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  • Writer's pictureEmily Sicinski, MS, RDN, CDN

Does Consumption of Soy Cause Cancer?

There are conflicting opinions about soy and its impact on our health. Periodically, a new study comes out suggesting a possible link between soy and cancer. But how could a food with such health benefits possibly be dangerous? In this blog post, I plan to discuss all things soy and why you don’t have to worry about eating it as much as you may have thought.

Soy is a plant-based food eaten in many forms, including tofu, tempeh, edamame, miso, and soymilk. It is a source of protein, fiber, and isoflavones (an estrogen-like substance that has been studied in the prevention of cancer, hot flashes during menopause, and osteoporosis). Because isoflavones act similarly to estrogen, which has been found to increase the risk of breast cancer in high amounts, it has been suspected that isoflavones may also increase our cancer risk. According to the Mayo Clinic, food sources of soy do not have high enough levels of isoflavones to pose a risk to our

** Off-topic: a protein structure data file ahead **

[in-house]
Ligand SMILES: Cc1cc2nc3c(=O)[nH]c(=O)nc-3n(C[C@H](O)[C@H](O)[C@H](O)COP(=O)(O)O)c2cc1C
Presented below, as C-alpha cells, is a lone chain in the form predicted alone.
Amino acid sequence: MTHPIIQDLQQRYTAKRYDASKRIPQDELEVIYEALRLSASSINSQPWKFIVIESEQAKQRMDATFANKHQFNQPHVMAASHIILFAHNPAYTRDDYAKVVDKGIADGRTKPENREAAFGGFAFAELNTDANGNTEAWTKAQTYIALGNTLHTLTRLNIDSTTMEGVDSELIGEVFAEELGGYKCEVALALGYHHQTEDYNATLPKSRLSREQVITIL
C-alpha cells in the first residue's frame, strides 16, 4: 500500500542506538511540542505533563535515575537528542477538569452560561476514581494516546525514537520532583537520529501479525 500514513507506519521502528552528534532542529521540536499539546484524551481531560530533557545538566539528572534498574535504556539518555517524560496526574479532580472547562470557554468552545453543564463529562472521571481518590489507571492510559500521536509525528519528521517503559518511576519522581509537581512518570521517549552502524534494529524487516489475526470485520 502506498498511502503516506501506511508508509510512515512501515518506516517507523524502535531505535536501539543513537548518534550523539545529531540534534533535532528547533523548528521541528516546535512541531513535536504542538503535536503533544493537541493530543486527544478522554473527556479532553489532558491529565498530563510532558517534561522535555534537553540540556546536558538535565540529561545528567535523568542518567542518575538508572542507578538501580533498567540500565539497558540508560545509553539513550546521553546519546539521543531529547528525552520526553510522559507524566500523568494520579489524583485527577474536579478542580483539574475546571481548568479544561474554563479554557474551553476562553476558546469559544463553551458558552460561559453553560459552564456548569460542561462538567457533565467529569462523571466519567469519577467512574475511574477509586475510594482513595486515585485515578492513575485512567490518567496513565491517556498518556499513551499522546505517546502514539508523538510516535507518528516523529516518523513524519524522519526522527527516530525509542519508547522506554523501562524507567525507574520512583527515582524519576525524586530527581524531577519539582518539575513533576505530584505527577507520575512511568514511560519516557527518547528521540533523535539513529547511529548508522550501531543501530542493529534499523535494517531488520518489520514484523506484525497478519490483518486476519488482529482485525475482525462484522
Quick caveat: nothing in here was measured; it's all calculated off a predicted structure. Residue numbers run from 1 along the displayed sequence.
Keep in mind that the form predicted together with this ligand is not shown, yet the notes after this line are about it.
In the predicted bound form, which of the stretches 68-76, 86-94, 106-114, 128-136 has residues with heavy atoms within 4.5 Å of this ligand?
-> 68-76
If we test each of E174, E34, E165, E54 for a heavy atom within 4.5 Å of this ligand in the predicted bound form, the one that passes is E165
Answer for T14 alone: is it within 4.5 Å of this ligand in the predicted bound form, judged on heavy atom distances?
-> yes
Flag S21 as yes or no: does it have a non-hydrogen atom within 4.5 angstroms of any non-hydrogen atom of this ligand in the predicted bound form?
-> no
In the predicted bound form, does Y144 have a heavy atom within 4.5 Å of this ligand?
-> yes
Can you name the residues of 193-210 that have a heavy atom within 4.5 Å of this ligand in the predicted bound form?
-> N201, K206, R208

health. Also, it is important to note that studies which show a positive correlation between isoflavone intake and cancer risk are performed in rats. Rodents don’t process isoflavones the same way humans do, and when the same research is conducted in humans, it does not yield the same results.

So what is the takeaway from this blog post, you ask? Eat your soy in peace, everyone! A lifelong diet rich in soy has been found to reduce the risk of breast cancer development in women, and when soy is chosen over other less-healthy meats like animal fats or red and processed meats, it can even help reduce the risk of heart disease and high cholesterol.

Until next time!

  • Emily

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